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I lived all my life with forced air heating and cooling, but my house now has steam radiators. They perform ok, I suppose, but I know from trying that just letting the convection cause the airflow leaves them very inefficient.

With a small 6 inch fan blowing at low speed on a radiator, the room temperature will go up 5-10 degrees F.

I would prefer not to have to run power and fans to every rad in the house. I was wondering what the options were for fans to improve the radiators performance.

Standard round fans are the wrong shape, and only target a small portion of the radiator surface.

I would love something that could draw power from the heat difference, since all it needs is low speed fans to move air better than convection does.

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11 Answers 11

An alternative that might work in some rooms is a ceiling fan that has a low speed (we have some 6-speed models in our home where the lowest speed just circulates the air slightly). This would help move air around in the room (and thereby helping to move some heat away from the radiators) and has the added plus that you can use it on higher speeds for summer cooling.

We have forced hot air heat, and our master and living room have high ceilings, so we run the fans year-round.

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All the bed rooms have ceiling fans, 3 speeds, and the slowest speed is not too bad, but the downstairs (Working from home today) has no fans. – geoffc Jan 5 '12 at 3:17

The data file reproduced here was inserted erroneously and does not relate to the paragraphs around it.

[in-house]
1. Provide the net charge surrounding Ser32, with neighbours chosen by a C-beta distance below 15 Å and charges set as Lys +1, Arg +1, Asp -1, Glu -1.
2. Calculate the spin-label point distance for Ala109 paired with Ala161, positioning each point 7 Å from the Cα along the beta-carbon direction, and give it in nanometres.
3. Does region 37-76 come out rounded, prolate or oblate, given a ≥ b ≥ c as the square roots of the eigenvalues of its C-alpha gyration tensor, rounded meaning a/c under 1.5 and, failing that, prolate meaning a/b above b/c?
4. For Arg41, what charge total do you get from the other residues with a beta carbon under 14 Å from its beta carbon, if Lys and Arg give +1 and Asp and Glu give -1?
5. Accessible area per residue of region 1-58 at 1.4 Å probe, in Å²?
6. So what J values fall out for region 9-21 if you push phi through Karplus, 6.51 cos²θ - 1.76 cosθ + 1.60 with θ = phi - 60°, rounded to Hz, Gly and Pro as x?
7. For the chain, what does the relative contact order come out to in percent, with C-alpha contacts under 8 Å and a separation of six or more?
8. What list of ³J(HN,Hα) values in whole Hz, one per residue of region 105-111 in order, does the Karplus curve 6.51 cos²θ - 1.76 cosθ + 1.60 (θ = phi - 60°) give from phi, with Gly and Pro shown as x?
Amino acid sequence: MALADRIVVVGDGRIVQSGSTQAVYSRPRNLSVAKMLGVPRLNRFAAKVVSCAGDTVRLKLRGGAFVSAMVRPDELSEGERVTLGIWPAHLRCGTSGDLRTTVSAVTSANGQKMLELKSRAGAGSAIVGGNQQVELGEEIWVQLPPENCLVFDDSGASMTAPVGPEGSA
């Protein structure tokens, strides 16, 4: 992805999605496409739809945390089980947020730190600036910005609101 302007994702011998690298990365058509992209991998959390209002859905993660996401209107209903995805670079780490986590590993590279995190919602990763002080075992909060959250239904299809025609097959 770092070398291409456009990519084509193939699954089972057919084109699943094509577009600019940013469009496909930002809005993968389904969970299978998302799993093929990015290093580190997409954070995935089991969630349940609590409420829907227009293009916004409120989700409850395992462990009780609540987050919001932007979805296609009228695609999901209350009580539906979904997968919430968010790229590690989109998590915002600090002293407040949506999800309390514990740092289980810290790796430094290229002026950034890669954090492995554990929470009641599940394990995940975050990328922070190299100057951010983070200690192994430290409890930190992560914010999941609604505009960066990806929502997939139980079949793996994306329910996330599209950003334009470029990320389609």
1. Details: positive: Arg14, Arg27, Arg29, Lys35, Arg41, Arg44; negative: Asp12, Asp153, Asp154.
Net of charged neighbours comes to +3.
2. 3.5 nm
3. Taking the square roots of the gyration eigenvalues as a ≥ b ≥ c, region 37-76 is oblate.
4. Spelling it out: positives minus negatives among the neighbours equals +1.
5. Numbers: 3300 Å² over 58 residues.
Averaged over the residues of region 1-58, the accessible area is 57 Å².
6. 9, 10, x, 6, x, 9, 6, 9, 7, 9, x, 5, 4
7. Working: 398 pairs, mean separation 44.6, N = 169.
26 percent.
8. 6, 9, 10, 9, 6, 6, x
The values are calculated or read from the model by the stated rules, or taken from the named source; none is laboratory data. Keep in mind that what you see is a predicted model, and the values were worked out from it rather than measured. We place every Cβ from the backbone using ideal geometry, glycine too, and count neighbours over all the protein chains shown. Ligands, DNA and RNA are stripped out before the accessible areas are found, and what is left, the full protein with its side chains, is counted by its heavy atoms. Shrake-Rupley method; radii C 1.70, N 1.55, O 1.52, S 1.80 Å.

ceiling fans are a great option. You can reverse them each season and definitely help even out the temp in a home. – DA01 Jun 24 '13 at 0:10

There is a pretty new product in the UK market at least, which is a radiator fan unit. It does need a power source but it has a built in thermostat so it only turns on when the radiator gets hot. Seems to be quite effective, we have one and it made a real difference to our living room. Not sure if they are in any stores or anything yet but we just got ours direct from their website. It's called a RadFan. Basically blows the warm air from the radiators into the middle of the room instead of going up to the ceiling or out of the window.

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The best thing you could do is build a radiator cover (see the following This Old House article How To Build A Radiator Cover). The key component to the cover is the reflective material used behind the radiator which reflects the heat back into the room as opposed to being absorbed by the wall as waste. You could, of course, just fabricate a simple backing to the radiator as opposed to creating the entire cover.

A second option is to tile the wall behind the radiator as opposed to placing a metallic material behind the radiator. This might look better than a metallic material in some rooms such as a bathroom.